Valve, the company behind popular PC gaming platform Steam, has revealed that it will be making three big announcements this week, starting tonight. A message in the Living Room section of the Steam website states, “Last year, we shipped a software feature called Big Picture, a user-interface tailored for televisions and gamepads. This year we’ve been working on even more ways to connect the dots for customers who want Steam in the living-room. Soon, we’ll be adding you to our design process, so that you can help us shape the future of Steam.”
The website currently shows three mysterious images of circles to tease the announcements. It seems likely that at least one of them will be about the Steam Box, Valve’s ‘console’ that is essentially a readymade PC that’s easier for users to connect to their TVs without worrying about components and upgrades. However, the Steam Box may not actually be a product but rather a concept so that other hardware manufacturers can start making living room friendly PCs as well.
Looking at Valve’s intense focus on making PCs more user-friendly and bringing them into living rooms as an alternative to consoles, it wouldn’t be risky to assume that the other announcements will have a similar air to them as the Steam Box. ‘Big Picture’ came out of beta in December last year and is now a built-in feature in all Steam desktop clients. Enabling the feature provides users with a new interface specially designed for use with a controller, that runs in full-screen with larger icons and fonts. The ‘Big Picture’ mode is targeted at users who want to connect their PCs to an HDTV (like a console) and play games using controllers.
Apart from the Steam Box, here are three other things that Valve could announce:
A Steam OS built on Linux
Valve’s boss, Gabe Newell has made his distaste for Windows 8 very clear, terming it as “a catastrophe for everyone in the PC space.” Valve has also been slowly porting over games to Linux and it wouldn’t be too much of a surprise if Valve announces a new Linux based OS specially designed (like Big Picture) for the living room and HDTVs.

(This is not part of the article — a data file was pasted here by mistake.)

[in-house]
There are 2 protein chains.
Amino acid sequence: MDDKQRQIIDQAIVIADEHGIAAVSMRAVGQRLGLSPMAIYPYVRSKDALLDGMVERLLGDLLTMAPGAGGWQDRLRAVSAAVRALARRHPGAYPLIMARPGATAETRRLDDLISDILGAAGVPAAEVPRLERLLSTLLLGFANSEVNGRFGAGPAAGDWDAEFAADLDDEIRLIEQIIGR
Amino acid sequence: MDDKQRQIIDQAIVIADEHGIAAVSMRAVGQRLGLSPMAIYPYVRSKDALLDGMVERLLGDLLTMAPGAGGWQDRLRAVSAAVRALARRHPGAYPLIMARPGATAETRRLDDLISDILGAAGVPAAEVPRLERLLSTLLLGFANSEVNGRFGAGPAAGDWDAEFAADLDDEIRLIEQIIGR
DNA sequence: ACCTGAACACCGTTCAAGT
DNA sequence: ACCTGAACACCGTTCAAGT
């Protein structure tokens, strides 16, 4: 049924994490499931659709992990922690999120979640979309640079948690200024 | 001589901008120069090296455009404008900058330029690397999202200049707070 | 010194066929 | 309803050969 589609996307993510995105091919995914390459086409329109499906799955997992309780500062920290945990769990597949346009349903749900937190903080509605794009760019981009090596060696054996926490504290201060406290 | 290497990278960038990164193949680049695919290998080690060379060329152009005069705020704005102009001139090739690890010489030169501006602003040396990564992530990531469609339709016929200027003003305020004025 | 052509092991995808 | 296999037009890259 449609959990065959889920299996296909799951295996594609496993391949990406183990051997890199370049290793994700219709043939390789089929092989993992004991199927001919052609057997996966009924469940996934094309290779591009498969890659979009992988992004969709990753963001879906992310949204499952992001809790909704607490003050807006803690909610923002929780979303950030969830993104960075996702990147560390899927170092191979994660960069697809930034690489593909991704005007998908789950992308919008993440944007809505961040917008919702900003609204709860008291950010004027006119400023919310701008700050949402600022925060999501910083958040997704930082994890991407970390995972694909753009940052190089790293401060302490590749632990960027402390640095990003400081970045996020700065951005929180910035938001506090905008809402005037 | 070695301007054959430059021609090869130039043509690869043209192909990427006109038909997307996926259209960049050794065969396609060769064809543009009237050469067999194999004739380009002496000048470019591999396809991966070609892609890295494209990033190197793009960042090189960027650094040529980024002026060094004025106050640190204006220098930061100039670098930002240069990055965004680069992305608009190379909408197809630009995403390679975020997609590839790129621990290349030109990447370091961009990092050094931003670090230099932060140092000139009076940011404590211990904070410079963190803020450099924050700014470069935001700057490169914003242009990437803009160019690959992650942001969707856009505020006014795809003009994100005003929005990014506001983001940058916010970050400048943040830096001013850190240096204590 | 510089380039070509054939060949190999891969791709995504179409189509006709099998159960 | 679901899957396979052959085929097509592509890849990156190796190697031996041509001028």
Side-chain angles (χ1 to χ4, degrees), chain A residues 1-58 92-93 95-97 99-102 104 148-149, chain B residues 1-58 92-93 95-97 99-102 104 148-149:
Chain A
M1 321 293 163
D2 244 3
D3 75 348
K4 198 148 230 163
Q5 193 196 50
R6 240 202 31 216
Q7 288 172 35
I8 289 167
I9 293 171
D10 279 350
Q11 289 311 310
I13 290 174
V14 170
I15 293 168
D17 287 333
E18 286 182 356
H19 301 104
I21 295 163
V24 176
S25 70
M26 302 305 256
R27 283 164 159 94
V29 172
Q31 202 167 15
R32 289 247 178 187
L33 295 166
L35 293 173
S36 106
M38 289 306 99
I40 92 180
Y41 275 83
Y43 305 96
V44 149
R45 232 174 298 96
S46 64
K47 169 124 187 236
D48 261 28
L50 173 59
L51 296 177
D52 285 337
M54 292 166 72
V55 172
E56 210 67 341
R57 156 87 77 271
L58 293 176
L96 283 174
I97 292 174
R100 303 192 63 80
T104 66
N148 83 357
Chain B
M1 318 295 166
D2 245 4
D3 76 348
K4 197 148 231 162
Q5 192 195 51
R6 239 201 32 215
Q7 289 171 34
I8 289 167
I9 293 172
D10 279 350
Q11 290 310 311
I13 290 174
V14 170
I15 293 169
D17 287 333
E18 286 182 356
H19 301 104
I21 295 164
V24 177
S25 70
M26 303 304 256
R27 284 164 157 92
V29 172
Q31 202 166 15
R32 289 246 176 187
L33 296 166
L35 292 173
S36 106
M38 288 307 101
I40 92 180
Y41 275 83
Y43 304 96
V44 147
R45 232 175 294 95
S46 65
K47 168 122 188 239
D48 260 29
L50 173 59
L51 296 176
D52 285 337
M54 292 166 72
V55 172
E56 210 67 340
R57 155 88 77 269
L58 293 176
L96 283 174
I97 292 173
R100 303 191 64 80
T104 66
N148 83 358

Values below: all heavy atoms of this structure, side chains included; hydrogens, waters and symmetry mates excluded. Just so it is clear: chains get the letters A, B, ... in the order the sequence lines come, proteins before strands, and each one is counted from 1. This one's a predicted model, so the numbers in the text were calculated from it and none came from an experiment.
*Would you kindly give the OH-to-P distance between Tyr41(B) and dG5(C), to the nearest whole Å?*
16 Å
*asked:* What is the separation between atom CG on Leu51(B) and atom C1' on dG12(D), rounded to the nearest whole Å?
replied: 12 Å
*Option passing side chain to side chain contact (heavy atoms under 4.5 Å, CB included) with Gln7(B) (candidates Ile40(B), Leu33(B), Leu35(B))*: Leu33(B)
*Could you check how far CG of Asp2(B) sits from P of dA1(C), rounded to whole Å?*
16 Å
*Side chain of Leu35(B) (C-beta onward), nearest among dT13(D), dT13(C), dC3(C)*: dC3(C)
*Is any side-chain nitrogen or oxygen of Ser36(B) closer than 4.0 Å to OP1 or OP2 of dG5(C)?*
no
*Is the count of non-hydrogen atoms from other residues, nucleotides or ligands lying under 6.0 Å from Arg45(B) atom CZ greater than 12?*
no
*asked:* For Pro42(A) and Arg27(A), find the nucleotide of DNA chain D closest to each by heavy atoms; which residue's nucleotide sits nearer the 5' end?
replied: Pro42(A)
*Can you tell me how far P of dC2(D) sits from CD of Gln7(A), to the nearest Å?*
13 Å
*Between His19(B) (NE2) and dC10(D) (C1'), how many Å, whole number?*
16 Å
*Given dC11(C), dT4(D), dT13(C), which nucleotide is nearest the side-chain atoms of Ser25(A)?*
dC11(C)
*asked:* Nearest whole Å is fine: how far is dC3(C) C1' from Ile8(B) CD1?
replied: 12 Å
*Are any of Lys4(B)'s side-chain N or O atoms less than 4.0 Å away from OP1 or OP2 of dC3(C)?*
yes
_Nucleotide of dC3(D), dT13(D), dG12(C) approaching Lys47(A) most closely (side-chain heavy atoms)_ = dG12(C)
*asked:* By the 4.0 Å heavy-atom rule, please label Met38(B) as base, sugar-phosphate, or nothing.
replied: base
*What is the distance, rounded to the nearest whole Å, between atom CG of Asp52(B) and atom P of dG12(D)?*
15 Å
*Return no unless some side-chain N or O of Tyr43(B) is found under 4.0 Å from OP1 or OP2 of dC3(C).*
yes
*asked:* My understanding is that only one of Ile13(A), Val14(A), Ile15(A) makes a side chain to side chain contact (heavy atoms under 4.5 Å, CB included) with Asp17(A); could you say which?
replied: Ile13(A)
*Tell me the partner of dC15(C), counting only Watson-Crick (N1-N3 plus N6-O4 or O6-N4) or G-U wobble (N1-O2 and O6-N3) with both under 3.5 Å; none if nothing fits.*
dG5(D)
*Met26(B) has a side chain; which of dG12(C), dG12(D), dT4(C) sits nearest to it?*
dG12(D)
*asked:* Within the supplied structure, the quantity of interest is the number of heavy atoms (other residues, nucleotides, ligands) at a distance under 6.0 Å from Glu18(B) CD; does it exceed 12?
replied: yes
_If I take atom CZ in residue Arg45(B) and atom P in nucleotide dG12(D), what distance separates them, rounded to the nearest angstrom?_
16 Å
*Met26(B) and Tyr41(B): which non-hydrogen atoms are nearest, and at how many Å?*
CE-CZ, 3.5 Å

The main reason why Linux is not used by many gamers is that there aren’t many games released for Linux, especially not the new AAA titles. In order to make its Linux based OS more of a threat to consoles, Valve could announce some big third-party exclusives for the Steam Box. Considering the solid relationship Valve has with game studios, it wouldn’t be too far-fetched to assume that it could strike up an exclusive deal with some PC-centric studios like Creative Assembly (Total War: Rome 2), Bohemia Interactive (ARMA 3) or Firaxis (Civilization V, XCOM: Enemy Unknown).
You knew this was coming. Valve announces 3 (three!) big pieces of news and Half-Life 3 isn’t a part of that? Unthinkable! But more seriously, if Valve indeed wants to make Steam Box mainstream as quickly as possible, it couldn’t do any better than by making Half-Life 3 a Steam Box (and PC) exclusive. This could be as powerful as a Halo game for the Xbox or a God of War title for the Playstation, individual titles that could help drive sales of gaming hardware, especially when neither of the upcoming next-gen consoles have any spectacular launch titles in store.
Valve’s first announcement will be made public tonight at about 10:30. What do you think Valve has in store for us? Sound off in the comments below or tell me on Twitter @postwar